In the past 10 years, a big portion of these conferences has been devoted to iOS. This is where we learned about the first iPhone SDK, notifications, share and todvay widgets, the iOS 7 redesign, iPad multitasking, and other iOS milestones. I was genuinely surprised with some of the announcements this year.

Here’s my overview of what happened this WWDC season, with code samples. But before we begin, there are some things you need to keep in mind. If you want to try out any of the sample projects, you are going to have to update your Mac to macOS Sierra 10.12.5 (the latest point release), and have Xcode 9 installed. If you are super-brave, or just irresponsible, you’ll need at least one device on iOS 11 for some of the samples to work. I fall under the irresponsible category here, but I also needed iOS 11 for my day job and to write this article, which seemed like a good excuse, but it’s not. Everything is working fine for me so far, but this is a huge risk. Don’t do it with an unbacked-up device you care about.

Further Reading on SmashingMag: Link

Prepare Your Mac and Devices (to Run Code Samples Below) Link

  1. Update macOS in the Mac App Store if you haven’t already. You don’t need the beta of the next version, just the most up-to-date release.
  2. Download Xcode 95 (which requires a free developer account)
  3. Go to the same website on your device, and install the iOS 11 Beta Configuration Profile6. This will let you get iOS 11 Beta and updates through the normal iOS update mechanism. (A free developer account is required.)
Download Xcode 9 and install the iOS 11 Beta Configuration Profile7
Download Xcode 9 and install the iOS 11 Beta Configuration Profile. (View large version8)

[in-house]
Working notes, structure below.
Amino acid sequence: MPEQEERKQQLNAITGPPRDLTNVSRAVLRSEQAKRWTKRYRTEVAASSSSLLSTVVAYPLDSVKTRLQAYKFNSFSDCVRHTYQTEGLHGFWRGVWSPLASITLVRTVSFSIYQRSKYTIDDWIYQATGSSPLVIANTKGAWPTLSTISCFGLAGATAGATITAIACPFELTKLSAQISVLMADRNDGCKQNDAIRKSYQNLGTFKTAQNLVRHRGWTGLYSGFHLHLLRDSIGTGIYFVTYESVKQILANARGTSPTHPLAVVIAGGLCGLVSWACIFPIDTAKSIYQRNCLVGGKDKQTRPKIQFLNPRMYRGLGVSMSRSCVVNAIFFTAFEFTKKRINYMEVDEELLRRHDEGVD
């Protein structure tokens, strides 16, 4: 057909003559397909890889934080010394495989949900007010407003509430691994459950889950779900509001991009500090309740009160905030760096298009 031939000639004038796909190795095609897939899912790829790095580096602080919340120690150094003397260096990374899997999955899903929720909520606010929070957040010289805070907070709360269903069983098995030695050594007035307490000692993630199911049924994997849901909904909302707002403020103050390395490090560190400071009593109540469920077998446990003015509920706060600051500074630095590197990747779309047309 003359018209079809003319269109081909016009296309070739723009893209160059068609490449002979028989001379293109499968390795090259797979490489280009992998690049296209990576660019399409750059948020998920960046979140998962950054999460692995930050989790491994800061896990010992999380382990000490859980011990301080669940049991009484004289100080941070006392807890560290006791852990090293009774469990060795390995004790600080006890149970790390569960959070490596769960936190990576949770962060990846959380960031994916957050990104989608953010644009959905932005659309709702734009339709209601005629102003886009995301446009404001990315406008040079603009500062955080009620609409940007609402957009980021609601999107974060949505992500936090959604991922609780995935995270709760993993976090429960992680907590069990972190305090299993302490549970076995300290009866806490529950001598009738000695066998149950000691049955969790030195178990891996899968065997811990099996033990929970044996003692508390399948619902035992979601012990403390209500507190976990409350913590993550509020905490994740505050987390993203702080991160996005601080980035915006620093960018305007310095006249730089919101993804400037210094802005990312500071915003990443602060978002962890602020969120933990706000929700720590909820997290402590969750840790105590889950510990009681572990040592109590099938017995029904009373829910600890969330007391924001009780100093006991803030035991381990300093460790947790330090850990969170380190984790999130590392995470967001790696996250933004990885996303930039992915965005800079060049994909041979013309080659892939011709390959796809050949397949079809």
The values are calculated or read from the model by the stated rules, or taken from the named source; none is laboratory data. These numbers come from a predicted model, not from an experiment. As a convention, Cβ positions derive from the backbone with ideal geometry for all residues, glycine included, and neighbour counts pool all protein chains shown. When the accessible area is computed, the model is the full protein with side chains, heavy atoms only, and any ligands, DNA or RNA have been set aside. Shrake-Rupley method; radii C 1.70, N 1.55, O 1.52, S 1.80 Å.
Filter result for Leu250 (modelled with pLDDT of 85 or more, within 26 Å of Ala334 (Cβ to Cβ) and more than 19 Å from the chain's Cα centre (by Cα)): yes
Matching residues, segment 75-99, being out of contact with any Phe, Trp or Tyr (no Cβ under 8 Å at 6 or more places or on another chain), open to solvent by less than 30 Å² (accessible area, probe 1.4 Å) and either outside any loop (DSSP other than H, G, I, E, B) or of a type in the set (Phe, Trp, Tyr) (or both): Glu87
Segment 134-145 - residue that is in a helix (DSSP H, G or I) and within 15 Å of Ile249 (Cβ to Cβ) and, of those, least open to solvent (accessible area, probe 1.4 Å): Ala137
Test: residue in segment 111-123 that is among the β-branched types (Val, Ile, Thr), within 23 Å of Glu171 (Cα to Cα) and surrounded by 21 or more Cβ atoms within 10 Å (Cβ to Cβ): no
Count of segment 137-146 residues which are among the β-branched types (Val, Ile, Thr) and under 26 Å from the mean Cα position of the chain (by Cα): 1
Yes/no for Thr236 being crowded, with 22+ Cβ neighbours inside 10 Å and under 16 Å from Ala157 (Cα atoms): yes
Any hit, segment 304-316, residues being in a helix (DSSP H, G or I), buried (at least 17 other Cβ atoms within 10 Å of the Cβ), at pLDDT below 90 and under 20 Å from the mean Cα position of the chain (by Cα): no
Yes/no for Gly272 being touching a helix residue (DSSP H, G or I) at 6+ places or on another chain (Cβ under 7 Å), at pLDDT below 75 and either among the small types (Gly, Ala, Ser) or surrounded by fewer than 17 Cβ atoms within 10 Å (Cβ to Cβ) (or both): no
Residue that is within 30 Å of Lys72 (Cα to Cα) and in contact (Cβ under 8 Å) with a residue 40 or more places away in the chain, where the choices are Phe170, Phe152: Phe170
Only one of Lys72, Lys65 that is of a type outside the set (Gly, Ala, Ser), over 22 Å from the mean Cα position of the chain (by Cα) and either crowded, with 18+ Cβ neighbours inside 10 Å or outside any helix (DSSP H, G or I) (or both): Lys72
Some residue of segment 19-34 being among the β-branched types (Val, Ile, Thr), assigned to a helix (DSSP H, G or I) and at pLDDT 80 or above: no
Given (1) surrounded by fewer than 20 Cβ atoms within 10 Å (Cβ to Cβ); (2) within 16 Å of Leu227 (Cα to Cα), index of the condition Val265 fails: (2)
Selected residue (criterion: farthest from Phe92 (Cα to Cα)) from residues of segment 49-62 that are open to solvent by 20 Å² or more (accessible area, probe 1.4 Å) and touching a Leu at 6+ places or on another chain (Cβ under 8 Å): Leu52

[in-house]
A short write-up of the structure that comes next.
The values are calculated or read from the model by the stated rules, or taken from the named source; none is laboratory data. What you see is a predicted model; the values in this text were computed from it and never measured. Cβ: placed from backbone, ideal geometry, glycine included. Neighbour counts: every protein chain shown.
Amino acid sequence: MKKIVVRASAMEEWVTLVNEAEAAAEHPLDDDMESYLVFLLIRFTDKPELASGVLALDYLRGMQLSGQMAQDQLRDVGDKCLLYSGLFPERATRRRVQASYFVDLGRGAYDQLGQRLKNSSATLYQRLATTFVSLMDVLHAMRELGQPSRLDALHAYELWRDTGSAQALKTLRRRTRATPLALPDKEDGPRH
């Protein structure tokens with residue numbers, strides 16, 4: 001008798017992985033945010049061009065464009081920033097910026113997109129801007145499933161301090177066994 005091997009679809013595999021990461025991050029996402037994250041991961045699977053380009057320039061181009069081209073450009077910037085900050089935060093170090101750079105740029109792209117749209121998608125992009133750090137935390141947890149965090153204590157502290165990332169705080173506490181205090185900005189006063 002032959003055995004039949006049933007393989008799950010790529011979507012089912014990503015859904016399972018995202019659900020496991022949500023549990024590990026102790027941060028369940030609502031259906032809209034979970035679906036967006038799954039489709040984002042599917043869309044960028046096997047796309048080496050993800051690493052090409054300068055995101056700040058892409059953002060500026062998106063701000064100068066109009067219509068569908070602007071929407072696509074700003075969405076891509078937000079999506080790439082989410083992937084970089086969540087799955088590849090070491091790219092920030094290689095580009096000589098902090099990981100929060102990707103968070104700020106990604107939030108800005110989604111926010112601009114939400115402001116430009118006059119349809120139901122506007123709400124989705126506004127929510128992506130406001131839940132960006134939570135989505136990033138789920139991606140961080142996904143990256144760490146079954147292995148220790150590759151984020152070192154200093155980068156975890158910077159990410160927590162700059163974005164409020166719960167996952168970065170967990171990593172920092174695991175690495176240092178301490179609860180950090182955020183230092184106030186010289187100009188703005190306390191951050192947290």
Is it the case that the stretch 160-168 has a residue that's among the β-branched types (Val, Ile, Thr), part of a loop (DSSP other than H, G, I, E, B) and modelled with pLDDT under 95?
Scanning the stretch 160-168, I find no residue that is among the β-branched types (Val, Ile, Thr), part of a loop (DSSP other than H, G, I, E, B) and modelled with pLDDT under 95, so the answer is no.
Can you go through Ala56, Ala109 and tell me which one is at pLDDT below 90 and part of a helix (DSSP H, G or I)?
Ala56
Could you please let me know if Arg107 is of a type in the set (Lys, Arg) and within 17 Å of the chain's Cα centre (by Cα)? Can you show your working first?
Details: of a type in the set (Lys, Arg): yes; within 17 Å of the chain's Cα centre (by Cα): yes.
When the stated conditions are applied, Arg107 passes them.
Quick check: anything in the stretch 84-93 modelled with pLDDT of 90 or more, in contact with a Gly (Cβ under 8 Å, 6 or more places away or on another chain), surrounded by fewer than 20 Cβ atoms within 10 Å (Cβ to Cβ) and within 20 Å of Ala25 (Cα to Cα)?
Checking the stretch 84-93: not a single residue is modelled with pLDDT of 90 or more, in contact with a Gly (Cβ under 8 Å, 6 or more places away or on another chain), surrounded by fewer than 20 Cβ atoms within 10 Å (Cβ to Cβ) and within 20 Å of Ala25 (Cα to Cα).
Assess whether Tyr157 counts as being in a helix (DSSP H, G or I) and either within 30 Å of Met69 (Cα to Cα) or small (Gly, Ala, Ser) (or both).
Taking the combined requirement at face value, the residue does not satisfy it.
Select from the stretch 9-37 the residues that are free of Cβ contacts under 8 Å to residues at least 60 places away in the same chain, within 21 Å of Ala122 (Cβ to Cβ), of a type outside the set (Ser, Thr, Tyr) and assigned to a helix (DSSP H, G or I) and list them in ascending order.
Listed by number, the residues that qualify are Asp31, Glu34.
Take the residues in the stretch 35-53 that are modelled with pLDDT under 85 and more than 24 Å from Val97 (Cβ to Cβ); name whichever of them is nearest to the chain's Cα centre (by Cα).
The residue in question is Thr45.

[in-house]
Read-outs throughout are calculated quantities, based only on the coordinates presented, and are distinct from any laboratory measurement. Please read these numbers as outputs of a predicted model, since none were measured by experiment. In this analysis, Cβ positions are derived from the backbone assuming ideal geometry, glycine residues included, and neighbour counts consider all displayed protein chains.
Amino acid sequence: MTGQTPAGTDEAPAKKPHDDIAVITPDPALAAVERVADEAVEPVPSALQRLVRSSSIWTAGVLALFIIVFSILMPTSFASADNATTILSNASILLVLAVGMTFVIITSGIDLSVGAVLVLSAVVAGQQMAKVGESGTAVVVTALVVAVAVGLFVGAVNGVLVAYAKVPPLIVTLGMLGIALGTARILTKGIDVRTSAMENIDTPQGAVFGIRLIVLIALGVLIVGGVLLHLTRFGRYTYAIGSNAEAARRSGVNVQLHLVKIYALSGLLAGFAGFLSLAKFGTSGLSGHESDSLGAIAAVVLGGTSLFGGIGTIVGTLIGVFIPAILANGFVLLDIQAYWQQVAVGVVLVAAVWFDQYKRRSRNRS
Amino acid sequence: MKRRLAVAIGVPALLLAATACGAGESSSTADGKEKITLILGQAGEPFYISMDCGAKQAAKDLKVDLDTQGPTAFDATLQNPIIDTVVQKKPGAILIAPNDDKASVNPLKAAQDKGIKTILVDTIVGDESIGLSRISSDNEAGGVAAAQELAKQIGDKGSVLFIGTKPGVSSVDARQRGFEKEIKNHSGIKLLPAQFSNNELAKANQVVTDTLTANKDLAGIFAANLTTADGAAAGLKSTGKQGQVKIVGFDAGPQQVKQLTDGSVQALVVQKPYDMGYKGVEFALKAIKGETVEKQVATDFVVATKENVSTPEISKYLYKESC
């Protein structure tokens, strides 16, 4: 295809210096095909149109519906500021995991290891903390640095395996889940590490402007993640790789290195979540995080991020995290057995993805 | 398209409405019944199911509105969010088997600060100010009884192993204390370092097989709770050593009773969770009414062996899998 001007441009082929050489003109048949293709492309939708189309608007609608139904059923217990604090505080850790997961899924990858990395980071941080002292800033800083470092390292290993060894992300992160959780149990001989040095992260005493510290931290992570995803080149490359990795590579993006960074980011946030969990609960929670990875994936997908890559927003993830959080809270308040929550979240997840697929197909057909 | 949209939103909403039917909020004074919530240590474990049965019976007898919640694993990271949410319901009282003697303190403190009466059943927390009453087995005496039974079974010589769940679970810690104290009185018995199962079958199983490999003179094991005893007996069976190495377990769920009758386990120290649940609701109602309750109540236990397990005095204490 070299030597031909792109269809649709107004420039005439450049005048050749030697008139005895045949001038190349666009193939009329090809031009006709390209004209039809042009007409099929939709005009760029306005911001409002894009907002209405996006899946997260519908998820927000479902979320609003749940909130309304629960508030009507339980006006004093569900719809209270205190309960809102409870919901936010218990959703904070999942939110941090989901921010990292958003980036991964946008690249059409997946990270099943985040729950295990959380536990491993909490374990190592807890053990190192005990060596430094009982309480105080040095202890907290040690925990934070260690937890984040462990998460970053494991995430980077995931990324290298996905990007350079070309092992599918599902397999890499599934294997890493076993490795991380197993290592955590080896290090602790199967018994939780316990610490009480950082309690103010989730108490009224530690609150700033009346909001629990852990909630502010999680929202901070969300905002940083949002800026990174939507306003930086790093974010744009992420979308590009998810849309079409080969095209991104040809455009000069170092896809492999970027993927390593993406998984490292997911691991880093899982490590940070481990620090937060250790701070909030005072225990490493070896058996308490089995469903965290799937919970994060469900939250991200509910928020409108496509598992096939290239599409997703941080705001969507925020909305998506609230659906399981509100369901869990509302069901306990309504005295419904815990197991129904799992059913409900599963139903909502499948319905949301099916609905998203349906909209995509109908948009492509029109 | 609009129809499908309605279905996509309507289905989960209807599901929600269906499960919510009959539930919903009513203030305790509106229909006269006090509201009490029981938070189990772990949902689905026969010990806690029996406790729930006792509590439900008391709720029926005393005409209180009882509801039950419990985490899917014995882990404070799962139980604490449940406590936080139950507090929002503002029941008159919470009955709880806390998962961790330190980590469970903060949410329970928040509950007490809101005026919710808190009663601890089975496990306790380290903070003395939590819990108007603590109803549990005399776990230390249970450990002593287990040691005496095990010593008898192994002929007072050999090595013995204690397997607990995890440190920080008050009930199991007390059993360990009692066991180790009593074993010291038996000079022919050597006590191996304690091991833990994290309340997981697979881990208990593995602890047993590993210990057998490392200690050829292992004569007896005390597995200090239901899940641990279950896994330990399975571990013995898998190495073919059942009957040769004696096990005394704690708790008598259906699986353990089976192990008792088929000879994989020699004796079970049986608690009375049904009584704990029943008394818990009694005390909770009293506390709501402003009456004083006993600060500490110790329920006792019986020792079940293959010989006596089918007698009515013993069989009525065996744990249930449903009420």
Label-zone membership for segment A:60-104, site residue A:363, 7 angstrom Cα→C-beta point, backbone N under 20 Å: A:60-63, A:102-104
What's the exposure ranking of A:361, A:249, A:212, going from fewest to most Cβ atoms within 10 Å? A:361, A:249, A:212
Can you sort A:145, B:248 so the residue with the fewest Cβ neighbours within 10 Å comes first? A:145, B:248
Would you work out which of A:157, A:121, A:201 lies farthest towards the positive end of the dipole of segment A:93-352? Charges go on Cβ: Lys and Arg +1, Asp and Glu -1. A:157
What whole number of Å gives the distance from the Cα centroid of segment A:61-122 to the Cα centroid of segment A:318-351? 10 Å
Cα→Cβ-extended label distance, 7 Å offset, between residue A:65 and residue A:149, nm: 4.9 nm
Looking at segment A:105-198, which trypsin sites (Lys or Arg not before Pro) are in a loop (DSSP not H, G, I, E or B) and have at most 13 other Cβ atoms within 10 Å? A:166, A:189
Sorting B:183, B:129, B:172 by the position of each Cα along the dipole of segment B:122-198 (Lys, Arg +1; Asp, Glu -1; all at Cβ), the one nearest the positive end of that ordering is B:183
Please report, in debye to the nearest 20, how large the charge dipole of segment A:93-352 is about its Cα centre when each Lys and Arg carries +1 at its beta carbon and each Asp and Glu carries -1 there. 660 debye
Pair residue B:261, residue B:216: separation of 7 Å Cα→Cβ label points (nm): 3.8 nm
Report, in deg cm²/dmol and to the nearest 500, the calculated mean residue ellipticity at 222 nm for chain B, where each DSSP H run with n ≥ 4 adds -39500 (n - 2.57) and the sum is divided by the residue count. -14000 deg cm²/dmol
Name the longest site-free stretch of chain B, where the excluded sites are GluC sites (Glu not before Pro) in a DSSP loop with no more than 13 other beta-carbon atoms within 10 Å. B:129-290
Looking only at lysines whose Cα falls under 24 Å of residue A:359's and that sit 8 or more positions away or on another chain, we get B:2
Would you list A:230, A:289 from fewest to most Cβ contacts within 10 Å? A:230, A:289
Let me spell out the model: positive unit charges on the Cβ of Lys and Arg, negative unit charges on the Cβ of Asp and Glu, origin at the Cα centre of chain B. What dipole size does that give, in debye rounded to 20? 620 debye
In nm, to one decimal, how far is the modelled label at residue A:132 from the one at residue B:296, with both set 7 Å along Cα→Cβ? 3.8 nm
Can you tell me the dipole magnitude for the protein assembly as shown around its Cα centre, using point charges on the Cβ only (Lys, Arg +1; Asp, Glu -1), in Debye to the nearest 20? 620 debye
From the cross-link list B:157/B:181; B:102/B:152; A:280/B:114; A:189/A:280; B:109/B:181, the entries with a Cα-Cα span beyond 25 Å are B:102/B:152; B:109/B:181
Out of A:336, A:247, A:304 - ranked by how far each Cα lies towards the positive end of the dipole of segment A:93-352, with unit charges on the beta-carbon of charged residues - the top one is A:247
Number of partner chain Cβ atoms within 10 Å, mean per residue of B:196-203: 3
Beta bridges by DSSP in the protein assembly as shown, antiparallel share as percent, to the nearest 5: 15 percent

While you are waiting for Xcode 9 to download, go watch the WWDC Keynote9 if you haven’t seen it. If you have, watch the “Platforms State of the Union4610.” All WWDC session videos have to viewed in Safari or in the WWDC app on any iOS or tvOS device. Another great option is the unofficial WWDC app for macOS11.

WWDC Keynote: TL;DW And Spoilers Link

This article is about the WWDC updates that matter most to iOS developers, so I’ll skim through some of the big news on other fronts.

  • There were updates across the MacBook and iMac lines, including a tease for a new iMac Pro12 with very high-end components (up to 18 cores) and a new space-gray finish, to be released in December.
  • These new iMacs (and MacBooks with an external GPU) can be used to create virtual reality13 (VR) content, and this was demoed, with ILM showing off a VR Darth Vader. Steam, Unity and Unreal VR engines will release Mac versions later this year.
  • WWDC VR Demo14
    WWDC VR demo (Image: Apple Newsroom15) (View large version16)
  • The new macOS will be called High Sierra, and, as the name indicates, this release is meant to be a refinement of Sierra. Apple File System will make its Mac debut in this release.
  • The iPad Pro also got component bumps, and the smaller size has been increased to 10.5 inches. The video refresh rate on both is variable and up to 120 Hz (twice the previous speed).
  • iOS system apps got updates, including handwriting recognition and document scanning in Notes, live photo effects, and a new Files app that lets you get to the files inside of apps directly.
  • Apple announced a new smart speaker named HomePod17. It describes it as a cross between a high-end speaker like Sonos and a smart speaker like Amazon Echo. It’s also scheduled for December, but I’d expect this to be available to buy for the holidays.
  • Apple Watch has a new Siri watch face that gives you information that it thinks you want (using machine learning). This is a lot like Google Now, but it does it all on the device, so your privacy is protected.
  • Apple Pay supports peer-to-peer payment through iMessage, so you can split up a restaurant bill with just a text message.
  • The App Store has been totally redesigned. It looks a lot like the Music app and puts Games into its own area. Developers can now roll out releases over time, among other features.